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213 of 223 people found the following review helpful
5.0 out of 5 stars A noble crusade...
Kingdom of Heaven was probably my favorite film of last year, and the 194-minute director's cut gives the film more room to breathe, but it won't make converts of the unbelievers. Instead, it's a more leisurely paced version of the film for the faithful who liked the theatrical cut and want to revisit its world and characters in a little more detail. Closer in style and...
Published on 18 Jun 2006 by Trevor Willsmer

versus
7 of 7 people found the following review helpful
2.0 out of 5 stars Wait for the Director's Cut
Kingdom of Heaven is a 5 star film trapped in a 'cinema screening-friendly' movie. Its' proper run time of 3 hours has been butchered to just over 2 and a bit. The results are self evident if you watch this release. It's uneven, it's choppy, the characters aren't developed enough and many parts simply don't make any sense.
Some...
Published on 20 Feb 2006 by oliraceking


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213 of 223 people found the following review helpful
5.0 out of 5 stars A noble crusade..., 18 Jun 2006
By 
Trevor Willsmer (London, England) - See all my reviews
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Kingdom of Heaven was probably my favorite film of last year, and the 194-minute director's cut gives the film more room to breathe, but it won't make converts of the unbelievers. Instead, it's a more leisurely paced version of the film for the faithful who liked the theatrical cut and want to revisit its world and characters in a little more detail. Closer in style and tone to sixties roadshows than Scott's Gladiator, and all the better for it, in many ways it's the richest and most ambitious of the recent batch of epics. It's more of a journey in the extended version, and a bloodier one (the added violence will please the gore hounds), although there are a few moments that tip over into self-indulgence and could have been tightened or omitted entirely.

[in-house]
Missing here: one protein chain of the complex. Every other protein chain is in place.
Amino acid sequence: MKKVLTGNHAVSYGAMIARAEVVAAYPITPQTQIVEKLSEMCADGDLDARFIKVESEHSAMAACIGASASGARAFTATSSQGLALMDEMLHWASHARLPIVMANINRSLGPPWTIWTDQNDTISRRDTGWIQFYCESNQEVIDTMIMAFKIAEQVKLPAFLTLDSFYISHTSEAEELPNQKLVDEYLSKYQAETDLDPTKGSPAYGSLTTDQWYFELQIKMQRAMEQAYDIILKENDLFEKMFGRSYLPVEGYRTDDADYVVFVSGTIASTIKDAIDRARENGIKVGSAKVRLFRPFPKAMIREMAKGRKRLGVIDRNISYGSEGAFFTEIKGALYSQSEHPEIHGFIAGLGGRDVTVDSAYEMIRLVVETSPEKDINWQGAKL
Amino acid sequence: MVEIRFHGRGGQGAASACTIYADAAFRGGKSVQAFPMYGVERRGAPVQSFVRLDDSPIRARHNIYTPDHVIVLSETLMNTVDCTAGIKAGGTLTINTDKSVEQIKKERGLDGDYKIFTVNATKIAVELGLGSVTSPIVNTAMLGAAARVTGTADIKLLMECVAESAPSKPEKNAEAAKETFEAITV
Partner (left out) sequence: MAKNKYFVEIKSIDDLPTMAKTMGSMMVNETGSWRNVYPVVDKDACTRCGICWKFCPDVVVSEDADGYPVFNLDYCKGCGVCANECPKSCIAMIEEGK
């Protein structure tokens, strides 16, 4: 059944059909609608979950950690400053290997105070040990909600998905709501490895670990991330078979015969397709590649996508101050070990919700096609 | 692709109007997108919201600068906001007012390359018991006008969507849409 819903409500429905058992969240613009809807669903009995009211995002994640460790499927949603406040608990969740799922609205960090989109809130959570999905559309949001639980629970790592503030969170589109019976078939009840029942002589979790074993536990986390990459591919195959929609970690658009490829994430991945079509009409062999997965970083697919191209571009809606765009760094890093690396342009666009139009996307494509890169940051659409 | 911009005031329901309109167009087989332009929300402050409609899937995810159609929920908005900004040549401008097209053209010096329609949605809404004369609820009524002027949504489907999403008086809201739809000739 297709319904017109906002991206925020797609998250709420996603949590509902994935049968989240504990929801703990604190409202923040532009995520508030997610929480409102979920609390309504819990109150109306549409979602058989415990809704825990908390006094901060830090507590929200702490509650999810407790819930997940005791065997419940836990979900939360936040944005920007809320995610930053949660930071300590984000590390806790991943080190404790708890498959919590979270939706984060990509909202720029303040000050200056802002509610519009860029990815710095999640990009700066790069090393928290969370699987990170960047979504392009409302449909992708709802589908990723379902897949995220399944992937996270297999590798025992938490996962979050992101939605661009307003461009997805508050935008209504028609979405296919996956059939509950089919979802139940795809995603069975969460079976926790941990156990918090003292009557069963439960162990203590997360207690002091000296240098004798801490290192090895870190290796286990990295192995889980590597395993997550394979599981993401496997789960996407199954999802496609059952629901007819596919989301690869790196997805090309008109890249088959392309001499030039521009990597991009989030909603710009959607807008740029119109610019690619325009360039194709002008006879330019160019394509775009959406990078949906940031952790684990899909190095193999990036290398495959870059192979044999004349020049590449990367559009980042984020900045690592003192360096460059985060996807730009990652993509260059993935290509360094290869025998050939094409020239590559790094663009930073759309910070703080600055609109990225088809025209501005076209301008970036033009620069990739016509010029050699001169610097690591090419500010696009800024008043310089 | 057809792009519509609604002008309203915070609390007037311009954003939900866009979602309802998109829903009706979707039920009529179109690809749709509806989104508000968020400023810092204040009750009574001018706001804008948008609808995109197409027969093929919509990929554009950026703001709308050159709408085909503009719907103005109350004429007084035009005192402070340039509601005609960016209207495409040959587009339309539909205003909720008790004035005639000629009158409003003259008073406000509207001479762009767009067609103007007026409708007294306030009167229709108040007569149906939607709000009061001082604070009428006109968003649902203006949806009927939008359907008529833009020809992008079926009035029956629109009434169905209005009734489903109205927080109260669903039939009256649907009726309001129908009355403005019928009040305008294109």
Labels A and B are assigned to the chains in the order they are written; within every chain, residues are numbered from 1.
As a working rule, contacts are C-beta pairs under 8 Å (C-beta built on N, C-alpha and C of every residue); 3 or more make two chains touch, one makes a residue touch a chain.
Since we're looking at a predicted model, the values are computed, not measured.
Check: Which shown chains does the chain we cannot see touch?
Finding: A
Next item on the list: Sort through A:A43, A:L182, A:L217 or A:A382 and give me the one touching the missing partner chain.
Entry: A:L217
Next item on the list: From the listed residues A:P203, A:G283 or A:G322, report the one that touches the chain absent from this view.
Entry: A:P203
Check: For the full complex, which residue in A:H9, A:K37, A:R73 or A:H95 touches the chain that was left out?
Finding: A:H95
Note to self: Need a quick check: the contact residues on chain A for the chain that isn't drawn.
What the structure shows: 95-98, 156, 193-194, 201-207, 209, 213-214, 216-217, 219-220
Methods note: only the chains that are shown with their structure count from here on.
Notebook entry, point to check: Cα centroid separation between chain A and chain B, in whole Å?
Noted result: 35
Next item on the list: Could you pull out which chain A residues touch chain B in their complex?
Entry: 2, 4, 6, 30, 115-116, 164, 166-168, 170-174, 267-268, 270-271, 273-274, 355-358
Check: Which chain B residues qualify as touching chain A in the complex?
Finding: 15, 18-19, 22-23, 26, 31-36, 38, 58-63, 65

The extended opening allows more character detail, but at the expense of more of Michael Sheen's caricatured greedy priest, now revealed as Balian's brother. Orlando Bloom's limitations are also given a little more room than they had in the theatrical cut, but he certainly never stoops to the lows of Gerard "I'm wonderful, me" Butler in Beowulf and Grendel, Colin Farrell's Alexander or Clive Owen's truly catastrophic non-performance in King Arthur that left that film with a void at its center. Edward Norton's performance as the Leper King suffers a little from using different takes than the theatrical version, and at least one of his expanded scenes is simply longer without really being any better than its equivalent in the shorter version. The real winner in the extra footage stakes is Eva Green, who I think I'm falling in love with and whose part is considerably expanded and much more complex, allowing her a mass of contradictory motives (few of them noble), impulses and emotions that were smoothed away in the theatrical version. The subplot involving her son also helps add more of an emotional charge to Baldwin's death, with the shot of his leprous face no longer gratuitous but essential. In fact, in this version of the film, there are even a couple of genuinely touching sequences.

While the added complexity in this cut is more in the characters than in the plot, some of the problems of the theatrical version have been addressed. The shipwreck is just as rushed in this cut as in the theatrical version, but the pacing problems in the astonishingly spectacular siege finale are much improved by the addition of a fairly minimal amount of footage. It no longer seems quite so hurried and there's more of a sense of the human cost after the battle at the Christopher Gate that was lacking in the shorter version by the simple expedient of including characters we briefly get to know among the dead. There IS one massive miscalculation after the siege where a redundant swordfight has been added: not only is it completely ineffective, dwarfed by the sheer scale and weight of what has come before, but it's also unnecessary, winding up a plot point no-one cares about any more and simply underlining the events of the previous scene.

It also now comes with added Bill Paterson, which is rarely a bad thing, especially since his brief scene as a compassionate Bishop establishes the incompatibility of fanatical adherence to religious law with the actions of a loving savior that is one of the film's major themes. Although most of the Christian clerics here are transparent hypocrites, they are also counterbalanced by David Thewlis' Knight Hospitaler just as the `good' Muslims are counterbalanced by fanatics as both Saladin and Baldwin have to walk a tightrope with their own people to prevent war.